Description

BACKGROUND OF THE INVENTION

1. Field of the Invention

The present invention relates to a method of processing a substrate to be processed, e.g., a semiconductor wafer, by using a plasma.

2. Description of the Related Art

In a semiconductor device manufacturing process, various kinds of plasma processes such as plasma etching are performed with respect to a semiconductor wafer in a process chamber in a vacuum atmosphere. An electrostatic chuck having a first electrode interposed between two insulating layers is disposed on the wafer table in the process chamber in order to fix the wafer on the table. A second electrode is formed apart from the first electrode.

In a plasma etching apparatus, while the process chamber as the second electrode is grounded, RF power is supplied to the wafer table to generate a plasma around the wafer placed on the electrostatic chuck. The wafer is grounded through the plasma. When a high voltage is applied to the first electrode of the electrostatic chuck, positive and negative charges are respectively produced in the wafer and the first electrode, so that the wafer is attracted/held to/on the wafer table by the Coulomb force acting between the wafer and the first electrode. Etching is performed in this state. When the etching is completed, the supply of the RF power to the wafer table and the application of the high voltage to the first electrode are stopped. Subsequently, the processed wafer is unloaded, and the next wafer is loaded.

It is empirically known that the attractive force of the electrostatic chuck is reduced as a plasma process is repeated by the above-described method. This phenomenon is especially conspicuous when the insulating layers of the electrostatic chuck are made of polyimide. Although an exact cause for this phenomenon is not identified yet, a likely cause is that residual charges are accumulated on the support surface of the electrostatic chuck, and the Coulomb force acting between a wafer and the first electrode is decreased by the residual charges.

Furthermore, in the plasma etching apparatus, a temperature adjusting portion such as a cooling portion is arranged in the wafer table to adjust the temperature of a wafer. In addition, the space between the wafer and the electrostatic chuck is filled with a gas serving as a heat transfer medium, e.g., He, in order to improve the heat transfer rate between the wafer and the electrostatic chuck. Filling of the heat transfer gas must be performed after the wafer is fixed by the electrostatic chuck. For this reason, in a conventional method, filling of a heat transfer gas is performed after the following sequence of steps: placing a wafer on the electrostatic chuck; and applying a voltage to the electrostatic chuck to generate a plasma, thereby causing the wafer to be grounded through the plasma and fixed on the table. In this conventional sequence, however, an increase in the temperature of the wafer upon generation of the plasma cannot be adjusted until filling of the heat transfer gas is completed. Therefore, the wafer may be adversely affected by such an increase in temperature. In addition, the starting time required to start an etching process is prolonged.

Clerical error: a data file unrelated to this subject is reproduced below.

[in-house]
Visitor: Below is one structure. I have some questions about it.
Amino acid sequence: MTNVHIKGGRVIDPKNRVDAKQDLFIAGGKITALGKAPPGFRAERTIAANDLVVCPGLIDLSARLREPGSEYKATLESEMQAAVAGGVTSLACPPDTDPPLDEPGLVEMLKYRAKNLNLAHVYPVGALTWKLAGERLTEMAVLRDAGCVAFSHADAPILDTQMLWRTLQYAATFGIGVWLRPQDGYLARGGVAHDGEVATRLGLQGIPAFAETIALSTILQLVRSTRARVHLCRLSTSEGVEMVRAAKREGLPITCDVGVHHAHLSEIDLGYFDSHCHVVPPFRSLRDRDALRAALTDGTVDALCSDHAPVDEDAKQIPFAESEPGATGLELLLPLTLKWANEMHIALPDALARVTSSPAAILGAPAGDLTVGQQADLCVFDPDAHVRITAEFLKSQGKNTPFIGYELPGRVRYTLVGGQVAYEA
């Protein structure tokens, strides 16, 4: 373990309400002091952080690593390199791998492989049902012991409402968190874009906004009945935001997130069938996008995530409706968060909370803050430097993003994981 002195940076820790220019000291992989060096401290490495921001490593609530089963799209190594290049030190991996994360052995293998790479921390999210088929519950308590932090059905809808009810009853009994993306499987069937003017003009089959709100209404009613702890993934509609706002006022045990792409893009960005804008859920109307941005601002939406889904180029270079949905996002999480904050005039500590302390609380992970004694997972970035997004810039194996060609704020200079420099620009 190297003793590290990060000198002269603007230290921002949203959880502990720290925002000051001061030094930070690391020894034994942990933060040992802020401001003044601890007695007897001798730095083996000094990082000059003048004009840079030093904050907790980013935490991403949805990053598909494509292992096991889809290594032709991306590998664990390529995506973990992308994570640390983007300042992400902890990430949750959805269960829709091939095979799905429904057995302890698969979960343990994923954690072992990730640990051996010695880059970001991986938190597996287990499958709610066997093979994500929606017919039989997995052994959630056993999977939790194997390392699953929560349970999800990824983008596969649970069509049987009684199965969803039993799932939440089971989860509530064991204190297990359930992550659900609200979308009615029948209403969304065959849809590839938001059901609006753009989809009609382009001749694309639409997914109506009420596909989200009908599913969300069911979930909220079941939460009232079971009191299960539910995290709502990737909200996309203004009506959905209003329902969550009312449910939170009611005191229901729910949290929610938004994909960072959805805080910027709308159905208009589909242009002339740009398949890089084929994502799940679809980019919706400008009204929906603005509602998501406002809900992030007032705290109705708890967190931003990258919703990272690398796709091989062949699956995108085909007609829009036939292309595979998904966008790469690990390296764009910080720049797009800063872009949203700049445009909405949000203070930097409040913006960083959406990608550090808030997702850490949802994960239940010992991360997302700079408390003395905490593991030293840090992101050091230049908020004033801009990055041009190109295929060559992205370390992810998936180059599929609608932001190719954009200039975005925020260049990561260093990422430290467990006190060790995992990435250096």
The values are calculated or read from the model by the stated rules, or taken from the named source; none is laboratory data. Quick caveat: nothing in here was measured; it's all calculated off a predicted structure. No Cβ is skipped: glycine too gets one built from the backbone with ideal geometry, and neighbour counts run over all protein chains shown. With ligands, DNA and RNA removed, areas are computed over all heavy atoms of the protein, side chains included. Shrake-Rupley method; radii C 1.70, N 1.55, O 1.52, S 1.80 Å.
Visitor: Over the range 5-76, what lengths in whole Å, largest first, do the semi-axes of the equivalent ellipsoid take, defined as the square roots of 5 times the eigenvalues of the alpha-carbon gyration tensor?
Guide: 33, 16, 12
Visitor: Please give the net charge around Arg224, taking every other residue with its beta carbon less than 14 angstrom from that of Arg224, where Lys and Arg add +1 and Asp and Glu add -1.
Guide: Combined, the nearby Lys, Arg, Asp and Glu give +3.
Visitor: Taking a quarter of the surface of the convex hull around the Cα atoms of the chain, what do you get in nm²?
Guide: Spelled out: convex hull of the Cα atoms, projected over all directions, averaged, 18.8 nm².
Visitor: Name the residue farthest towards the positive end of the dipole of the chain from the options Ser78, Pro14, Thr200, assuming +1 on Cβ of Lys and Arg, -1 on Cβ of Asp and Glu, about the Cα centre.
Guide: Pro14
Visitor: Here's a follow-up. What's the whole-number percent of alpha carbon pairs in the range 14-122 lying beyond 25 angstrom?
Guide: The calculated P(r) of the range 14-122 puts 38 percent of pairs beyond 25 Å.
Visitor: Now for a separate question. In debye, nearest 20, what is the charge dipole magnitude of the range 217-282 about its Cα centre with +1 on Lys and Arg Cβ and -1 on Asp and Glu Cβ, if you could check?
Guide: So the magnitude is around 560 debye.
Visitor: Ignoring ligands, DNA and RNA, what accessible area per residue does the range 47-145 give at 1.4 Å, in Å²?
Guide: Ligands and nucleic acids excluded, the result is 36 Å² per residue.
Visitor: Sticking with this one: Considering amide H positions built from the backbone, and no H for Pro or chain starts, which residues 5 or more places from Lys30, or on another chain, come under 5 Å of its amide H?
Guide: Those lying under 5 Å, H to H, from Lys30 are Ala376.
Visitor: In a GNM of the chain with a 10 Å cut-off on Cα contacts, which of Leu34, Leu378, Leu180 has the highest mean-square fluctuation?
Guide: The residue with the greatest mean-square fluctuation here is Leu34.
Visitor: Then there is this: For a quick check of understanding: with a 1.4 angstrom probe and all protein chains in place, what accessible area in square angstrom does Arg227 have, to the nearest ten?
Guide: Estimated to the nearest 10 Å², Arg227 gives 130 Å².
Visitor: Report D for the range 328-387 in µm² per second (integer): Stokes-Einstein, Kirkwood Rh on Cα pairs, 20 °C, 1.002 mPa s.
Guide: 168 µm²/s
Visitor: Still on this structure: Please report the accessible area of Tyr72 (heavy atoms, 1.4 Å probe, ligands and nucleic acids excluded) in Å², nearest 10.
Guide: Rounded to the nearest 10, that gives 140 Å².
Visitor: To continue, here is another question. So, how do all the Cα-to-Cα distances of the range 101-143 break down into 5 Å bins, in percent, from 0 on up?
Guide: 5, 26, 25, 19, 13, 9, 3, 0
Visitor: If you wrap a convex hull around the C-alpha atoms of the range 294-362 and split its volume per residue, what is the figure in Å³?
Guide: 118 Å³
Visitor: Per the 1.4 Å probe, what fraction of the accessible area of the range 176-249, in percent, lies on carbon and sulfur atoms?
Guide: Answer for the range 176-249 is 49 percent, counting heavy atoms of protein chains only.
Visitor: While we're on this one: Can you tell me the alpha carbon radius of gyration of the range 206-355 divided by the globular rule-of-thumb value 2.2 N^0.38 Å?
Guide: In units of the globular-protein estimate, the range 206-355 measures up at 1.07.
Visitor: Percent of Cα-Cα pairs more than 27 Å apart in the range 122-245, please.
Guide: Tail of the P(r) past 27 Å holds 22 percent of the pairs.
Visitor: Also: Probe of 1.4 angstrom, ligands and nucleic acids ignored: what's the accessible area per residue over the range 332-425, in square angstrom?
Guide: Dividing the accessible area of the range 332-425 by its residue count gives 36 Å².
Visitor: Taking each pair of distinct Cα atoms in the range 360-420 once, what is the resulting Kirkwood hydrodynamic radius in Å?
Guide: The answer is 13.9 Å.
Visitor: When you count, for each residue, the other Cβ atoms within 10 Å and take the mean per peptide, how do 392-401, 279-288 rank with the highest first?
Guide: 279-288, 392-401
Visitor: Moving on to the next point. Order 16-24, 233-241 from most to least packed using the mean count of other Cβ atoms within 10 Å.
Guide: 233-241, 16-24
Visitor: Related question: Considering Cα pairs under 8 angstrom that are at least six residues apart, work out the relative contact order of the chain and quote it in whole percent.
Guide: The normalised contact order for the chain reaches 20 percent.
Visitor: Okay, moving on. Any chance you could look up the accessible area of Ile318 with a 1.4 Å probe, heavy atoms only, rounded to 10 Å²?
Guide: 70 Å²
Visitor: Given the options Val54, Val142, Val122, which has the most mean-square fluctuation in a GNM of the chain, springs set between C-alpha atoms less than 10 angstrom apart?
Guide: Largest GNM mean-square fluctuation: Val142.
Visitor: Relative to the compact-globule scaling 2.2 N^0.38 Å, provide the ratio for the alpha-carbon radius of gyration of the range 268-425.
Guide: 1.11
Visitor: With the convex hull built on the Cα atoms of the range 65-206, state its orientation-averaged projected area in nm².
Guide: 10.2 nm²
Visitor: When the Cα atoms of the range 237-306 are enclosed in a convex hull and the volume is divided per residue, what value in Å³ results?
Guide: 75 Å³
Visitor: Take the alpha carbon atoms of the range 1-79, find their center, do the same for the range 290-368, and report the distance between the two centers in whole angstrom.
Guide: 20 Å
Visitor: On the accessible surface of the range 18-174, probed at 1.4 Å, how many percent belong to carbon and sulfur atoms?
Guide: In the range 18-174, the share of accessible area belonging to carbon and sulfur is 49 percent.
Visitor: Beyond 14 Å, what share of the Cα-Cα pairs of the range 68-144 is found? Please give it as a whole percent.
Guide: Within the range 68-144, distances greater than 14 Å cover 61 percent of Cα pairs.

SUMMARY OF THE INVENTION

It is an object of the present invention to provide a plasma process method which can maintain the strong attractive force of an electrostatic chuck even if a plasma process is repeatedly performed.

It is another object of the present invention to provide a plasma process method which can prevent a substrate to be processed from being damaged by an increase in temperature at the start of a plasma process, and can shorten the starting time required to start a plasma process.

According to the first aspect of the present invention, there is provided a plasma process method using a plasma process apparatus including:

a process chamber capable of attaining vacuum;

a support table for supporting a substrate to be processed in the process chamber;

an electrostatic chuck arranged on the support table, the electrostatic chuck including a conductive layer and an insulating layer formed on the conductive layer and constituting a substrate support surface;

conductive support means, arranged in the chamber, for transferring the substrate onto the electrostatic chuck;

plasma generating means for generating a plasma in the process chamber; and

means for supplying a heat medium gas between the substrate and the electrostatic chuck, the method comprising the steps of:

placing the substrate on the support means in the process chamber;

applying a potential for electrostatic attraction to the electrostatic chuck;

transferring the substrate onto the insulating layer of the electrostatic chuck by using the support means while the support means is grounded;

releasing contact between the substrate and the support means;

supplying the heat medium gas between the substrate and the electrostatic chuck;

generating a plasma in the process chamber; and

processing the substrate by using the plasma.

According to the second aspect of the present invention, there is provided a plasma process method using a plasma process apparatus including:

a process chamber capable of attaining vacuum;

a support table for supporting a substrate to be processed in the process chamber;

an electrostatic chuck arranged on the support table, the electrostatic chuck including a conductive layer and an insulating layer formed on the conductive layer and constituting a substrate support surface; and

plasma generating means for generating a plasma in the process chamber, the method comprising the steps of:

processing the substrate by using the plasma in the process chamber in which the plasma is generated, while the substrate is held by the electrostatic chuck;